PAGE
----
Editor’s note: This post was republished with permission from the Ewing Marion Kauffman Foundation’s Policy Dialogue blog.
Barriers to entrepreneurship continue to fall, leading to a democratization of entrepreneurship. Startup success no longer requires a Silicon Valley zip code in the U.S. — or even residence in a strong, developed nation. A new report highlights global crowdfunding developments of 2015 and forecasts an increase of more than 50 percent over the next 12 months.
Developing World Crowdfunding: Prosperity through Crowdfunding estimates that crowdfunding in emerging economies raised roughly $430 million in 2015 and that the figure will hit $660 million for 2016. The three top-ranking countries for 2015 were India ($27.8M), Philippines ($26.9M) and Nepal $25.5M). Rounding out the top 10 were: Mexico, Kenya, Brazil, Colombia, Cambodia, Peru and Thailand.
“AlliedCrowds is thrilled with the progress crowdfunding is making across the developing world,” said Lars Kroijer, founder and CEO of AlliedCrowds which released the report. “The industry is showing strong growth, and 2016 promises to be another great year. When platforms in the developing world move further into debt and equity crowdfunding, the growth can be explosive. Crowdfunding has the potential to transform banks and credit institutions in the developing world.”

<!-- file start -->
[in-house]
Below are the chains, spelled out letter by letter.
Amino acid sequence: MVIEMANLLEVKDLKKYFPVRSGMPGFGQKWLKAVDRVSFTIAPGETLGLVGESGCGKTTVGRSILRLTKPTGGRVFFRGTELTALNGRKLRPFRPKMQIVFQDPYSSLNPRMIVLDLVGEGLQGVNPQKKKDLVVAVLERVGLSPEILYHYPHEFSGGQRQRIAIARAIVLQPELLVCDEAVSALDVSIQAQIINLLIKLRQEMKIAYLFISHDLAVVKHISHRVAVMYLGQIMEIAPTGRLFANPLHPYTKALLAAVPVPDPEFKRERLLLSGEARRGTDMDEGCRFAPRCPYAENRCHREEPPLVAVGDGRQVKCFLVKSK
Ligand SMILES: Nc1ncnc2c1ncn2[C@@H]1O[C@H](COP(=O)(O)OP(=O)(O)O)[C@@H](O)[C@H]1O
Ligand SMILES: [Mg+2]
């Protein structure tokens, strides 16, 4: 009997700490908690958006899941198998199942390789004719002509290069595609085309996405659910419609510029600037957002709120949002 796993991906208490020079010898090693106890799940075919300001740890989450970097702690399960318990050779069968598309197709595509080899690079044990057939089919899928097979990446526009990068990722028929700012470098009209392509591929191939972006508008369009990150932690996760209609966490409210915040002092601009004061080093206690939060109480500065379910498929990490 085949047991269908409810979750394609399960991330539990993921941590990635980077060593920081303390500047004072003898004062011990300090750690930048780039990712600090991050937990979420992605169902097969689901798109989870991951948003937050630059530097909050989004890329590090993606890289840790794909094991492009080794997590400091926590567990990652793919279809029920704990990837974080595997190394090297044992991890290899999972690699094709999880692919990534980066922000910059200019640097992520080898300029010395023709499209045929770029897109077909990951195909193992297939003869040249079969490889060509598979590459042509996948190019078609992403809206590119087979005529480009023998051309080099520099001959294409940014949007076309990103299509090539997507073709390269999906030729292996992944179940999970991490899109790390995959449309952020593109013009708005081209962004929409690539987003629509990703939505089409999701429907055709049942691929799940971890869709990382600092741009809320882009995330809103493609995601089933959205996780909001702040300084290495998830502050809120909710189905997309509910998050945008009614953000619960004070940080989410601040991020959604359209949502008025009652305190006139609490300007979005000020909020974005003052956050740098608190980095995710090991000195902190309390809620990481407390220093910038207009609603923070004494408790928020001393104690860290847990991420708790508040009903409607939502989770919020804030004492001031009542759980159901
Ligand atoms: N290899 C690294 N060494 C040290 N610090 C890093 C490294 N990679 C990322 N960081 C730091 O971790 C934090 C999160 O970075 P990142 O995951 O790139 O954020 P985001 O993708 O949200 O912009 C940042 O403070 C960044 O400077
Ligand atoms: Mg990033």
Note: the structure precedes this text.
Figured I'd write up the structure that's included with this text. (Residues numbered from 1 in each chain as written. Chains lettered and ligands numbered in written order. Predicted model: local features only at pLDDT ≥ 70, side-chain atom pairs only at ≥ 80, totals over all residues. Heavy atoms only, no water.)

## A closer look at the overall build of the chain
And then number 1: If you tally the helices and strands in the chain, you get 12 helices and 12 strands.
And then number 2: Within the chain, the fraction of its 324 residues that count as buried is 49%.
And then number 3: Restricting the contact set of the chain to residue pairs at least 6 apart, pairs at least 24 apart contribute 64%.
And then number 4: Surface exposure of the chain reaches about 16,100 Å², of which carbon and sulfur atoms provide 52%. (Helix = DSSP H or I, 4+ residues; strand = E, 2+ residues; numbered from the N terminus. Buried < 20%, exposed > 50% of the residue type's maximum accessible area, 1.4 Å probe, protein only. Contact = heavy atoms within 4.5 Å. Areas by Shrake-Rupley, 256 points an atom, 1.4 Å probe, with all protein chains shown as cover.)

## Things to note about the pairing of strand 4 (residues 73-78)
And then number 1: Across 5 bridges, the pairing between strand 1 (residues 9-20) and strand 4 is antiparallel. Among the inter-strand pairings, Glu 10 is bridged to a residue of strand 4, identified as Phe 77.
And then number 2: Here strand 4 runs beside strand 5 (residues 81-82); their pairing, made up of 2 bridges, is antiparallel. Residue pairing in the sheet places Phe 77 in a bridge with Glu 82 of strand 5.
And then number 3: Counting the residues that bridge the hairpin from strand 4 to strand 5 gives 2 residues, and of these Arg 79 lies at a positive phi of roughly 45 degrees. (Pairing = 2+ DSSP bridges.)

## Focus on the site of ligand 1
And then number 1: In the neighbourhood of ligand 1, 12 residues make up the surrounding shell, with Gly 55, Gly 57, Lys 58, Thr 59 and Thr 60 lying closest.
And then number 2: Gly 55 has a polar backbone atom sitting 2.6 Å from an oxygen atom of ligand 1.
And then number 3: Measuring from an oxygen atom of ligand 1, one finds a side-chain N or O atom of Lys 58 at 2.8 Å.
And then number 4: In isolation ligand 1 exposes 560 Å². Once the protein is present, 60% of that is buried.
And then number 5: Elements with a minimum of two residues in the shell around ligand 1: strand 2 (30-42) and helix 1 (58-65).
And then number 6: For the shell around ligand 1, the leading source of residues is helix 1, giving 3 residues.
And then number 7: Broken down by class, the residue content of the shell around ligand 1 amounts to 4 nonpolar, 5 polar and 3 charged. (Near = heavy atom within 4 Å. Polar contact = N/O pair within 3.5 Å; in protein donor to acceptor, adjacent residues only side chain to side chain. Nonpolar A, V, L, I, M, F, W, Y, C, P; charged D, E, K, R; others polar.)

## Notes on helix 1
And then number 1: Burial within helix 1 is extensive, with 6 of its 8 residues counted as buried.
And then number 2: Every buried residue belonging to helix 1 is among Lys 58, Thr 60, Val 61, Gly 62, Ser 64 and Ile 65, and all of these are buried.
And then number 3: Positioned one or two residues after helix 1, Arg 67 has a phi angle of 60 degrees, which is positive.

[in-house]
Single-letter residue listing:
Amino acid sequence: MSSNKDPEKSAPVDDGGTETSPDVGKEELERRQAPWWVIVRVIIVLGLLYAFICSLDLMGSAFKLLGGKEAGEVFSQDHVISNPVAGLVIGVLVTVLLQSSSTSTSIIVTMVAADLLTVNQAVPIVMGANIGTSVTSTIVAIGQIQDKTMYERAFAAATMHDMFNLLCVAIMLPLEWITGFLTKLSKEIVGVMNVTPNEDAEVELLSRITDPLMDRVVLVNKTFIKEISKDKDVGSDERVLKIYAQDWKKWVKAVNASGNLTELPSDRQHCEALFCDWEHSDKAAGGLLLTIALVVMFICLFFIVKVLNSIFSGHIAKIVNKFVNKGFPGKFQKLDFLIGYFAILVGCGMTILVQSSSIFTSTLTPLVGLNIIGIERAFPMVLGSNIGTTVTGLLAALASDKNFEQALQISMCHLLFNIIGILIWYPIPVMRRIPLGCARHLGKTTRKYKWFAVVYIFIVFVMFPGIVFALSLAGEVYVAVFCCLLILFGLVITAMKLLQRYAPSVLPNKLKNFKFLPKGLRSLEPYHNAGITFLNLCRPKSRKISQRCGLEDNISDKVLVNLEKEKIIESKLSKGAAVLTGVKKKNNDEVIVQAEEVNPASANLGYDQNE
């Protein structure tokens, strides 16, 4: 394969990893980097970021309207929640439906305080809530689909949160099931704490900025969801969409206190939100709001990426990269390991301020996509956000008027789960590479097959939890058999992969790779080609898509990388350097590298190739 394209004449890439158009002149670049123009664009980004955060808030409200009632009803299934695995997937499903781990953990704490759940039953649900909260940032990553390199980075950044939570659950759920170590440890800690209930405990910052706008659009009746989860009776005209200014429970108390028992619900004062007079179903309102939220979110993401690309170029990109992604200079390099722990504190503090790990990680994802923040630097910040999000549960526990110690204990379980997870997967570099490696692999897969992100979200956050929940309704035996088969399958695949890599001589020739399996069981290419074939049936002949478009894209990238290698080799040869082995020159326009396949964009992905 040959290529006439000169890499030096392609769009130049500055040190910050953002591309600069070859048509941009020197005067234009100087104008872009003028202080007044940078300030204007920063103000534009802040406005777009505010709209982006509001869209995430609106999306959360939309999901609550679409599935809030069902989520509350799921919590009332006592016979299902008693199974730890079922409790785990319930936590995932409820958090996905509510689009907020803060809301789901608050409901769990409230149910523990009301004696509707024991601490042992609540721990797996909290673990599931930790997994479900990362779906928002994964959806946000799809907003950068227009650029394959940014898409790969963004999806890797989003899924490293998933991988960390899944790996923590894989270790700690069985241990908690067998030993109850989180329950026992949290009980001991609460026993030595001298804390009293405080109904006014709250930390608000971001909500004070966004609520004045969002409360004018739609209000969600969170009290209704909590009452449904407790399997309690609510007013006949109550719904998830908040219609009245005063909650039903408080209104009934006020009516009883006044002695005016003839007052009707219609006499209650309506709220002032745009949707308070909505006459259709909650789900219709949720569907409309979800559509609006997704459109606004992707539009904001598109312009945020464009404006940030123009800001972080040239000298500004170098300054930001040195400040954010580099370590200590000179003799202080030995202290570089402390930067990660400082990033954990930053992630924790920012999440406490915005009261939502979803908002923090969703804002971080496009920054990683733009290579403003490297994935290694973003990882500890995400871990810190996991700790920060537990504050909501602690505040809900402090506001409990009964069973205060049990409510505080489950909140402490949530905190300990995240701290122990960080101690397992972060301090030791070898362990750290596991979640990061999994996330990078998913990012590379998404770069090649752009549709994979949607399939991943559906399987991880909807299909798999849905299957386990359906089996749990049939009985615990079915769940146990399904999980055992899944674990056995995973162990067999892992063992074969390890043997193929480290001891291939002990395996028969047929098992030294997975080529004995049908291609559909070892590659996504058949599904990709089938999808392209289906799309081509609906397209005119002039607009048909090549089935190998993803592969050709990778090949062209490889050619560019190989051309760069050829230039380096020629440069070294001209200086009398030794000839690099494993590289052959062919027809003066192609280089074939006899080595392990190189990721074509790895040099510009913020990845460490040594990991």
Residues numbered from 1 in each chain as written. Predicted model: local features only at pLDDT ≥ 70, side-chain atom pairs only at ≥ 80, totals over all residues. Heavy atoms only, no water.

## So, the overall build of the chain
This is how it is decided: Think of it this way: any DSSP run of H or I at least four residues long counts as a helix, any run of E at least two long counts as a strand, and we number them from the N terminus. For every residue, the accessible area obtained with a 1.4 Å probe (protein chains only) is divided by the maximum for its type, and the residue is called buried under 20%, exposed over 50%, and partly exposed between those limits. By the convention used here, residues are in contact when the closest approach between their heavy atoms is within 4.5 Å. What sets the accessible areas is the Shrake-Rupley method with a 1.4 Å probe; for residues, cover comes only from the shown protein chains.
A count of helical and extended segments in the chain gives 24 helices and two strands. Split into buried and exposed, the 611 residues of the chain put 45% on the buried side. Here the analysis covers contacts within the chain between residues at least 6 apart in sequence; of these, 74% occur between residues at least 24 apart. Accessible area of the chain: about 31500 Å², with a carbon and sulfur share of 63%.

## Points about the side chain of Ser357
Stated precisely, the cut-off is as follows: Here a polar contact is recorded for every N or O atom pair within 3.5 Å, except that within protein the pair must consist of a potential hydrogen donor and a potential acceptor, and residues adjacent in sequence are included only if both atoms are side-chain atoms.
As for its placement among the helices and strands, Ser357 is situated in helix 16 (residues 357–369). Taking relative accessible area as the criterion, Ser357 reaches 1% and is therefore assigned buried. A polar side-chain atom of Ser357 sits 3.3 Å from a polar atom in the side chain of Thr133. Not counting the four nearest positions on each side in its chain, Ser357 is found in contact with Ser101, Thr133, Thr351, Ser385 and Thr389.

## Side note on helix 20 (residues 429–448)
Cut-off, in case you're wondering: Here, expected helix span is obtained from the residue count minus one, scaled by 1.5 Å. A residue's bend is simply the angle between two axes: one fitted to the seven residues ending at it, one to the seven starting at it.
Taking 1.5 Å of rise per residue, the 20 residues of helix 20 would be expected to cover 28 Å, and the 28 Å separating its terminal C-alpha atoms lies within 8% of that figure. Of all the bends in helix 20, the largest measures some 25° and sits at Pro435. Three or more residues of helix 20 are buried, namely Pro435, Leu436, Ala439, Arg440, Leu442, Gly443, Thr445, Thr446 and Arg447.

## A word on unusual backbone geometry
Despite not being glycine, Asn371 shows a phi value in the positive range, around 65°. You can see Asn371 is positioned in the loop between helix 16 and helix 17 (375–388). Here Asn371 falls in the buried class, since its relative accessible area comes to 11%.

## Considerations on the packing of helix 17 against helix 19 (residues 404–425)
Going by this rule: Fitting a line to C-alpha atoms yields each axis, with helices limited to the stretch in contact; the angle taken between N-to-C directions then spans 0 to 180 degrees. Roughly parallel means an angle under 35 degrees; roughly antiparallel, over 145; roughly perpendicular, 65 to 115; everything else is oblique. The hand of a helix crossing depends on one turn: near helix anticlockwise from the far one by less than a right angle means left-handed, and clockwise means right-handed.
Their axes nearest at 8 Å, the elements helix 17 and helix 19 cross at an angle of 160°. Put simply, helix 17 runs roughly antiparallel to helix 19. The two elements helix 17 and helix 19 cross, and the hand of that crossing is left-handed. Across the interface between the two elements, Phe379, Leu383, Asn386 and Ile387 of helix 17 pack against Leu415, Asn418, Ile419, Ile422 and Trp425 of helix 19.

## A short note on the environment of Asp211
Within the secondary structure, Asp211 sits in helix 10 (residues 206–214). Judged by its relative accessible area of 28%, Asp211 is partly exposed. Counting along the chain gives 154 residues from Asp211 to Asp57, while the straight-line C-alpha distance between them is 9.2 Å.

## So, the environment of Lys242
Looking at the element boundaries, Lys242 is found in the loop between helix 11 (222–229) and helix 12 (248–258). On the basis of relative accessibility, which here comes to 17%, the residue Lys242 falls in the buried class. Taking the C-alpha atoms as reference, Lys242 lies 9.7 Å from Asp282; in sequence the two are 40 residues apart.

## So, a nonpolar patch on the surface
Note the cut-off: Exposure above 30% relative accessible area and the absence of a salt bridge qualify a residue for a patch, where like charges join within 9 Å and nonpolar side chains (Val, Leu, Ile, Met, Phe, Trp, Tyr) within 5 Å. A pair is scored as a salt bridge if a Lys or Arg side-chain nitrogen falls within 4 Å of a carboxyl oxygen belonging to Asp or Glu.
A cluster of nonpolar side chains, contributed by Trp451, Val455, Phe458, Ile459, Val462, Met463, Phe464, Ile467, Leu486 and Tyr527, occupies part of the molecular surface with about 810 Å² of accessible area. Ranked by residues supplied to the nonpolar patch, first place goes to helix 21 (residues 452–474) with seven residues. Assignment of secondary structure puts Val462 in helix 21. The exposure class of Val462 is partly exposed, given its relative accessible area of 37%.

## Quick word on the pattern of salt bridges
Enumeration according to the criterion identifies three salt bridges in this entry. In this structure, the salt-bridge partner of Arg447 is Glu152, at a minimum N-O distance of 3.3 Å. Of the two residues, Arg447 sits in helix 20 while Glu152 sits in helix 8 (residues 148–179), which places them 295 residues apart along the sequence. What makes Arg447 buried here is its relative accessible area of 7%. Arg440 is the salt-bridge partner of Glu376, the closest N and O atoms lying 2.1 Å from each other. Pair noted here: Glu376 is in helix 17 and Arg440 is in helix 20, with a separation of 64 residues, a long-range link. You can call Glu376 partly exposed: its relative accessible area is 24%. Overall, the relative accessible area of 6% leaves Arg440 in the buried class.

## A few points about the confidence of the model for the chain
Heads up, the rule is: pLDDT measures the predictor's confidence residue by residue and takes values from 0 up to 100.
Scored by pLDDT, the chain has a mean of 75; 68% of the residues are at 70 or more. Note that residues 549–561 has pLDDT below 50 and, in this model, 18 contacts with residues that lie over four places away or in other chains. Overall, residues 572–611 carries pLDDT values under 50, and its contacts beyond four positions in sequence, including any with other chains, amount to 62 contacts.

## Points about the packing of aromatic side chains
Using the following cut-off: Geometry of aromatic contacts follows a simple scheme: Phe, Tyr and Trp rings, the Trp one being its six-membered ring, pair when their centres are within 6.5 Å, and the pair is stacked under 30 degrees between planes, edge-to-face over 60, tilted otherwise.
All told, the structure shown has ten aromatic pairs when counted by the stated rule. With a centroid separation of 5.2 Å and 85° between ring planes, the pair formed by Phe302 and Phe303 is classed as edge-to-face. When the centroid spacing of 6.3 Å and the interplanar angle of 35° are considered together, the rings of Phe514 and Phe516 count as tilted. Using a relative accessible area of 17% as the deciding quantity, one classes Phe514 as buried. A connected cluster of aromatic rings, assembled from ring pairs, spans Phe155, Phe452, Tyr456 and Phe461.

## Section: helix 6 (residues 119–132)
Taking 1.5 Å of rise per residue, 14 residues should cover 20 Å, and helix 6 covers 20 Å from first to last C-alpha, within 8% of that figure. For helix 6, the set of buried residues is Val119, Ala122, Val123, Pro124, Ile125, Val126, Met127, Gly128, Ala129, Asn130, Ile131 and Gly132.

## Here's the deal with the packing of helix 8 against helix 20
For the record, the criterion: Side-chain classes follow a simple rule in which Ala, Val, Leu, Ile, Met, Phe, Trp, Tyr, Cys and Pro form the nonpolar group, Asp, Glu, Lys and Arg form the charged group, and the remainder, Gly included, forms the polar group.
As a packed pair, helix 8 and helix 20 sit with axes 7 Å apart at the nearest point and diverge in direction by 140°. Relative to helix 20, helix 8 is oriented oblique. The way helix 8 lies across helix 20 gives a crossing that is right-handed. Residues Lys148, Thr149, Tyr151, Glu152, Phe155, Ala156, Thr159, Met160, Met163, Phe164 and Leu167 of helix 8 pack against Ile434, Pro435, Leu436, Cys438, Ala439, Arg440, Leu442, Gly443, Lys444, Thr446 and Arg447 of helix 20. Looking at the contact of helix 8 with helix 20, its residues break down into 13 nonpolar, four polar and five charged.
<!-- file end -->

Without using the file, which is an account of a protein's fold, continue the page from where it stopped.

The report also looks at how crowdfunding fits with the UN’s recently-released Sustainable Development Goals, the global initiative to reduce poverty that goes into effect this year. The authors argue that “with an estimated $96 billion to be raised through crowdfunding in the developing world in the coming ten years, there are many opportunities for creating new business with money raised from the crowd.”
Mark Marich is the executive vice president of Global Entrepreneurship Week. Since 1998, Marich has provided communications leadership on several national initiatives and more than 100 public forums covering a wide range of policy issues, including: entrepreneurial growth and economic development, health care, renewable energy, telecommunications, regulatory reform and workforce development.
He is a regular contributor to the Ewing Marion Kauffman Foundation’s blogs, which are syndicated by Missouri Business Alert.
Find Marich on Twitter: @markmarich.